An exchange not unlike all of us experience.  We provide talents, strengths, knowledge, time, to meet the needs of our communities by helping produce products, growing and selling food, teaching, designing, organizing, cooking, baking, serving, protecting…   and the community sustains us by providing financial resources, and in turn we sustain others in the community by providing financial resources for their contributions to the community needs.  God provided the necessary resources through members of the community.

We need to leave our baggage at home.  That includes leaving our egos:  our “we’ve always done it this way,” “Here is my line in the sand,” “my corner of the world evaluations,” “this is our money attitudes,” behind.  Jesus calls us to be open to new things, new ways of connecting with others, to new food.

Many who are hungry for the Bread of Life don’t recognize that we offer it in our faith communities.  They hear the news of Jesus Christ, are drawn to it, but don’t witness it in the lives of those proclaiming it.  It is one of the number one reasons people give for not attending any church even when they say they feel they are spiritual.

As we begin our work together to define the mission you have named as growth and to go out as the 70 did, we need to self-check to see if what others see in us is a reflection of Jesus; if we receive others in love, if we leave our baggage behind, if we remember we are saved by God’s grace and not by what we are able to accomplish in His name, and if we walk with God humbly, joyful to be on the journey.

Early in this series we noted that God’s invitation to the table has resonated throughout God’s story. We are all created in the image and likeness of God, and God sees us all as very good.  Everyone is invited, everyone is loved, worthy in God’s eyes.

We are the 70, sent out in pairs, to welcome people into the kingdom, to tell people they matter to God and they matter to us, loved in unconditional ways.  It is challenging, dangerous work.  There are many who can’t or won’t hear, and those who actively work against our sharing the message.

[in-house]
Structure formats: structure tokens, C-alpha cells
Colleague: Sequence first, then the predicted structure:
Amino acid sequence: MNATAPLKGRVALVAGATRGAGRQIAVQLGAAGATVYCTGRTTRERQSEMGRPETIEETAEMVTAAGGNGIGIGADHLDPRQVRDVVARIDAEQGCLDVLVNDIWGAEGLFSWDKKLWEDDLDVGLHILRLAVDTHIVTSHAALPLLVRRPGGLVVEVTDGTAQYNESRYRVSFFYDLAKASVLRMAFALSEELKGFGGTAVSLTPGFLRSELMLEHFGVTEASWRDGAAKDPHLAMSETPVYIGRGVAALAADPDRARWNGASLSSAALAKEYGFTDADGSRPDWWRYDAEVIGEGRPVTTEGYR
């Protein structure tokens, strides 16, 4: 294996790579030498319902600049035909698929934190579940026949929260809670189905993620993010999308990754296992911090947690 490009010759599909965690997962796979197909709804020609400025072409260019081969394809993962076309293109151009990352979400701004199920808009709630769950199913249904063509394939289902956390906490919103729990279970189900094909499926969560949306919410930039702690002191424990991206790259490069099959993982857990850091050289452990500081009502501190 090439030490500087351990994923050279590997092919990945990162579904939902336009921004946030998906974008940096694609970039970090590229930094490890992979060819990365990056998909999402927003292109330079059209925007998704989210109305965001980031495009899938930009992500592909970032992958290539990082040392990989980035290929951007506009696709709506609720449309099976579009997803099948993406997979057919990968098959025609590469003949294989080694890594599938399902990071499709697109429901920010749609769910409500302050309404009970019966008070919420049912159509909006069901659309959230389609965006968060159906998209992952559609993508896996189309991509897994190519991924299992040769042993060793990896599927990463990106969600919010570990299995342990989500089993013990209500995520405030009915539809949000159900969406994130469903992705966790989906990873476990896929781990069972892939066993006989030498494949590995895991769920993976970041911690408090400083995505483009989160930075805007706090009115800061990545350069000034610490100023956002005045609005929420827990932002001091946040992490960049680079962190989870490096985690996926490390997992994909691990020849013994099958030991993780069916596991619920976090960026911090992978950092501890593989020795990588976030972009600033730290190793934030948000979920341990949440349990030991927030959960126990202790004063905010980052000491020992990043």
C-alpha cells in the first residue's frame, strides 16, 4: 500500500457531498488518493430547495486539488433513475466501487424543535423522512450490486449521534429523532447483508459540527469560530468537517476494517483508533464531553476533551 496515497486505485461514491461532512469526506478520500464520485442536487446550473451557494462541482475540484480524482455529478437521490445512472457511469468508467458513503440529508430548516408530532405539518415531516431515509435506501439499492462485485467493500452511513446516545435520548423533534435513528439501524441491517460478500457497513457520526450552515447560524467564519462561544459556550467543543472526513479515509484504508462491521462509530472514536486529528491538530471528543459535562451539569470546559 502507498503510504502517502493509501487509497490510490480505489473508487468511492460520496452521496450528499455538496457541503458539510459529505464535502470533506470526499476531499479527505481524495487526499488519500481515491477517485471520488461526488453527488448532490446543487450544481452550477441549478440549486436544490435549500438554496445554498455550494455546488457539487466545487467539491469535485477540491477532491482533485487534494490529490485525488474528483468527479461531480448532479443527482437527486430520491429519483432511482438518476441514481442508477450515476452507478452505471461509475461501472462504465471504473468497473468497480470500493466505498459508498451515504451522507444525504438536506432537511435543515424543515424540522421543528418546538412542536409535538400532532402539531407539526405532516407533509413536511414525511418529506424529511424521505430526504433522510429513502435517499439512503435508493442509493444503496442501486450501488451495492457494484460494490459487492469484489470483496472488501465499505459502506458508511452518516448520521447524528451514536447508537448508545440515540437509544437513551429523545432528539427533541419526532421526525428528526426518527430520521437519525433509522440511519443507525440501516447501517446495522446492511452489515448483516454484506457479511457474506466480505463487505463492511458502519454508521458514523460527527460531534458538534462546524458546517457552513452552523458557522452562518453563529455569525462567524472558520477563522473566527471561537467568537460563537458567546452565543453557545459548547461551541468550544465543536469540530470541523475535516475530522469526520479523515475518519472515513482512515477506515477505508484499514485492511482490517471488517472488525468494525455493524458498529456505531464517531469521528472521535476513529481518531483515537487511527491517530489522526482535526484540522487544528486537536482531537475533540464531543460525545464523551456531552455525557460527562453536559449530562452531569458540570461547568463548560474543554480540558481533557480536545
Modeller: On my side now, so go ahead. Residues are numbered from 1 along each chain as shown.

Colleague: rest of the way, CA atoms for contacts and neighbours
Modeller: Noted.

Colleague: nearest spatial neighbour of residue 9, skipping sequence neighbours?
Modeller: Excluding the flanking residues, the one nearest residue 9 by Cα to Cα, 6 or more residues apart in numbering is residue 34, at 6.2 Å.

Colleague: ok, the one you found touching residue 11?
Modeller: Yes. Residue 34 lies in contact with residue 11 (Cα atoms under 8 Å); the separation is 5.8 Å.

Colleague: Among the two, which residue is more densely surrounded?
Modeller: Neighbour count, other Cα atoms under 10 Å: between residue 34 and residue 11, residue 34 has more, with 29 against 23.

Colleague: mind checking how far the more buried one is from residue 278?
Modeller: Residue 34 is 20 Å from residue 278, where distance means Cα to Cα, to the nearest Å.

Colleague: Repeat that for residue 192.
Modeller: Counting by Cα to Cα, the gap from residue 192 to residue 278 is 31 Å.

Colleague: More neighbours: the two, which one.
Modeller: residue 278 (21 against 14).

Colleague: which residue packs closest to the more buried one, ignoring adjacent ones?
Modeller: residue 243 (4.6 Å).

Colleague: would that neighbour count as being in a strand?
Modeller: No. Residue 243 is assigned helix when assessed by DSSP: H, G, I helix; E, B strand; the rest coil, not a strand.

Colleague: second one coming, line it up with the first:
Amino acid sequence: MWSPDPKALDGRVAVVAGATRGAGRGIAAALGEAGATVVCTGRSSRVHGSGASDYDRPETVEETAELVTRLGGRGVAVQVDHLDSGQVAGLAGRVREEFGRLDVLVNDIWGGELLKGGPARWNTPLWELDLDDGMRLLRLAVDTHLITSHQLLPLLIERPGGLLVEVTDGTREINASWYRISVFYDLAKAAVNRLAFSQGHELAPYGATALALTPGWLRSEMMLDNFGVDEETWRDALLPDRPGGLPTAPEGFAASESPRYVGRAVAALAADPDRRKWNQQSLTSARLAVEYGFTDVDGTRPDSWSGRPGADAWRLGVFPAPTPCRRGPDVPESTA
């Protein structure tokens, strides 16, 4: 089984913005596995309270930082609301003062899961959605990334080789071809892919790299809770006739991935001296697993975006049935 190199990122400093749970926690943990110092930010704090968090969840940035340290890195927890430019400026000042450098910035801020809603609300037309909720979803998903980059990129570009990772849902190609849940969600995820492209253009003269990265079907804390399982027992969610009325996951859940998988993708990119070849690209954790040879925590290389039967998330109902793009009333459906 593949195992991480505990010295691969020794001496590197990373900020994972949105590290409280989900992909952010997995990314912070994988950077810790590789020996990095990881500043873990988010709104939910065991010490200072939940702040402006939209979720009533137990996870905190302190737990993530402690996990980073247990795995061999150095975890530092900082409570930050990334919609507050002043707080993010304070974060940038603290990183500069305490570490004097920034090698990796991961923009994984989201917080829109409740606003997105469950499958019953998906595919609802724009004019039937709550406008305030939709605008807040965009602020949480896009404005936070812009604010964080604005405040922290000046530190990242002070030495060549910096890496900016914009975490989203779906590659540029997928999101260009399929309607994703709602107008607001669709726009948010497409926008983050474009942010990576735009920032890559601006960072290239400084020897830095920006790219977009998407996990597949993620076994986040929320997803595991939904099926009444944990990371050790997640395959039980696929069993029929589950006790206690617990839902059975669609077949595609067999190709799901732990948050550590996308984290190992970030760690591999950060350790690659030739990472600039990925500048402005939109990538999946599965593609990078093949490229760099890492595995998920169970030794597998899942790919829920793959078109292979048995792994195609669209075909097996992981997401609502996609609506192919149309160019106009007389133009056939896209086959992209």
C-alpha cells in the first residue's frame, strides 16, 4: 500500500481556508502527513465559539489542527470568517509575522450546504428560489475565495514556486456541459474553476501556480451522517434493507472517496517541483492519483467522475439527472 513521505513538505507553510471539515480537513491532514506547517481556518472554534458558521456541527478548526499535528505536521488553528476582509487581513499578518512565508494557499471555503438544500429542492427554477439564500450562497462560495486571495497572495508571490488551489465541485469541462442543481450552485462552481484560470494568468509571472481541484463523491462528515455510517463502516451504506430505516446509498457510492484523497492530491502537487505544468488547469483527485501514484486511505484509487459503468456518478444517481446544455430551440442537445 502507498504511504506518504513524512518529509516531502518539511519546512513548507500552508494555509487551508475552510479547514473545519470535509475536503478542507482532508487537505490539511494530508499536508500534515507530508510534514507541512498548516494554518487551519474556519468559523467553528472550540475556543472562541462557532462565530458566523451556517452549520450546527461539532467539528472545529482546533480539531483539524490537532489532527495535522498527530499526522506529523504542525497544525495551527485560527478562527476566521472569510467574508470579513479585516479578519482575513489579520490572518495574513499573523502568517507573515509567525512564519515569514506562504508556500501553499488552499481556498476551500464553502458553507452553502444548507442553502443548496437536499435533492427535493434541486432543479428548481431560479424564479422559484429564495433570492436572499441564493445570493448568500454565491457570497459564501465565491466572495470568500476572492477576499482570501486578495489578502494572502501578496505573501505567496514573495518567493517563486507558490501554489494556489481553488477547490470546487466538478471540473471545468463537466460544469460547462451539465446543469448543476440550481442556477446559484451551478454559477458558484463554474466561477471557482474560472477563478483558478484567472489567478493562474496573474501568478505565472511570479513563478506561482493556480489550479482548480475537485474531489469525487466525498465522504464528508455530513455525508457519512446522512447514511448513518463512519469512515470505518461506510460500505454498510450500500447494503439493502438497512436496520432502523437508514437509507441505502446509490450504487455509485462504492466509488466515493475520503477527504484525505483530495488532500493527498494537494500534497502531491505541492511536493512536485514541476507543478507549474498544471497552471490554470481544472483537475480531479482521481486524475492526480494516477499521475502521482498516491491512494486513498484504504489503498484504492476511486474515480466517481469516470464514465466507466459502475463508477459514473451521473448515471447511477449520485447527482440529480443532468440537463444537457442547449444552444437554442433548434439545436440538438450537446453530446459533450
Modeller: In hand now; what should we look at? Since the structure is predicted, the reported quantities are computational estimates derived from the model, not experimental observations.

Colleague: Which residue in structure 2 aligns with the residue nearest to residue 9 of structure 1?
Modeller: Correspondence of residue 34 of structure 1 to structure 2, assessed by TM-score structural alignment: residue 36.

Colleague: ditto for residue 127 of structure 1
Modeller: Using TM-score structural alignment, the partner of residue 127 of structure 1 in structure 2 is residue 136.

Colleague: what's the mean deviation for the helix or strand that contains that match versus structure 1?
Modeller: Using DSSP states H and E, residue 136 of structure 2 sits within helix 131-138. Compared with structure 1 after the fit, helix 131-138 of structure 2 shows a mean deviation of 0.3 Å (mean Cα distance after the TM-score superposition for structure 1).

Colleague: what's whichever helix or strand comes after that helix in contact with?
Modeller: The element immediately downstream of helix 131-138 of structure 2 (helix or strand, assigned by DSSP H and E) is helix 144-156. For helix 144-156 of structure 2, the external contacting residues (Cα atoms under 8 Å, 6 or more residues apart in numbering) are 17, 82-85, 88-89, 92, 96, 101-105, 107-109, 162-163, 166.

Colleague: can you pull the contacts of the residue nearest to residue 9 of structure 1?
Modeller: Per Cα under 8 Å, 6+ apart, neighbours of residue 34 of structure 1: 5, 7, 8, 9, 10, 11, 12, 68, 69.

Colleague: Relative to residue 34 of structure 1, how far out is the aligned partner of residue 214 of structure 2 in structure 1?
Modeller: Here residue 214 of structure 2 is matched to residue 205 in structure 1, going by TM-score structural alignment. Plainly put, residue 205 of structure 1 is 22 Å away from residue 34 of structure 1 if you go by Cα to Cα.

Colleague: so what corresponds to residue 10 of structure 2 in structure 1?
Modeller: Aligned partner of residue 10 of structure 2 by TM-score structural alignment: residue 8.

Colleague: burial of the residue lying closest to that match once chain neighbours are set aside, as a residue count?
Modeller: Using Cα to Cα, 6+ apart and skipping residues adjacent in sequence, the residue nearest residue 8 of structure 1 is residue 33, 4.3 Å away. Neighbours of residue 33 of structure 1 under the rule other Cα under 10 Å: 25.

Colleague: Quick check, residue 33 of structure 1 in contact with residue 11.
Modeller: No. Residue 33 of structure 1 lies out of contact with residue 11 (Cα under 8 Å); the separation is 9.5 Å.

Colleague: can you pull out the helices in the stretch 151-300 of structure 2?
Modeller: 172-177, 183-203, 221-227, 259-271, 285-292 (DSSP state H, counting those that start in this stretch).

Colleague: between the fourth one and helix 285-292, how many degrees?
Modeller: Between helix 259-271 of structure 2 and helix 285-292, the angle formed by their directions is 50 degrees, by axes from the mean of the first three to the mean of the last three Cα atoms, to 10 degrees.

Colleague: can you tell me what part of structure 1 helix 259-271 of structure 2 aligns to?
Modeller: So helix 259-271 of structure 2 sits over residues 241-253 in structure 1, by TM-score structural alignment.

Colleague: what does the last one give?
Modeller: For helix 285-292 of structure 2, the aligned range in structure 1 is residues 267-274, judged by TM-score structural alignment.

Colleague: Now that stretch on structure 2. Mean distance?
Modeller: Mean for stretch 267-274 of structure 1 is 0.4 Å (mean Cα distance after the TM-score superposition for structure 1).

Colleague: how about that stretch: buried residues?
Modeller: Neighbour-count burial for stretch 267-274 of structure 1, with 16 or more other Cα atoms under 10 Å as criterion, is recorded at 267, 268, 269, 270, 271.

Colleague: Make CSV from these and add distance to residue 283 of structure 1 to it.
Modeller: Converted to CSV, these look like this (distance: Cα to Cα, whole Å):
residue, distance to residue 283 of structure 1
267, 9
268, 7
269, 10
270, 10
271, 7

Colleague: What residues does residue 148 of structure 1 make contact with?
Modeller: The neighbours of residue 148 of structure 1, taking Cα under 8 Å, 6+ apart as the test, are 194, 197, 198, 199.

We can’t do the work alone.  We need God and each other.  We need to be open to the Spirit moving among us in new ways.

One of you wrote of a hope that the UMC of the Abundant Harvest can be for this community the hands and feet for Christ, acting as advocates for those people/ families/ communities that are struggling and by showing our love and the love of Jesus can reach everyone… showing, rather than just saying, that we are an open, caring, group of people, that love in spite of our differences, breaking down barriers, to bring people to Jesus. 

That makes at least two of us.

I believe that in the story of the 70 we have assurance that this vision is possible.  I hope you do as well.

“Loaves and fishes” resources

One thing that many in the world perceive they lack is resources.  Resources to have the cars, houses, education, clothes, and vacations we are convinced we need.  Resources to move forward on that one great idea we know will change the world, at least our corner of it.  Resources to make a difference.

In some parts of the world that perception is a reality.  Adequate housing, water, and energy are difficult to obtain, a good education or safe neighborhood only a dream.

It has been interesting watching the Olympics in Brazil.  Ken and I visited there as construction on the stadiums was in its early stages.  Resources were a significant issue as work to prepare for this world event began.

People living in the poorest communities of the country shared their pain and frustration that while the government did not have resources to help provide municipal sewer and water, and the utilities didn’t have the resources to bring power to their neighborhoods, there were sufficient resources to construct the infrastructure needed to welcome the games.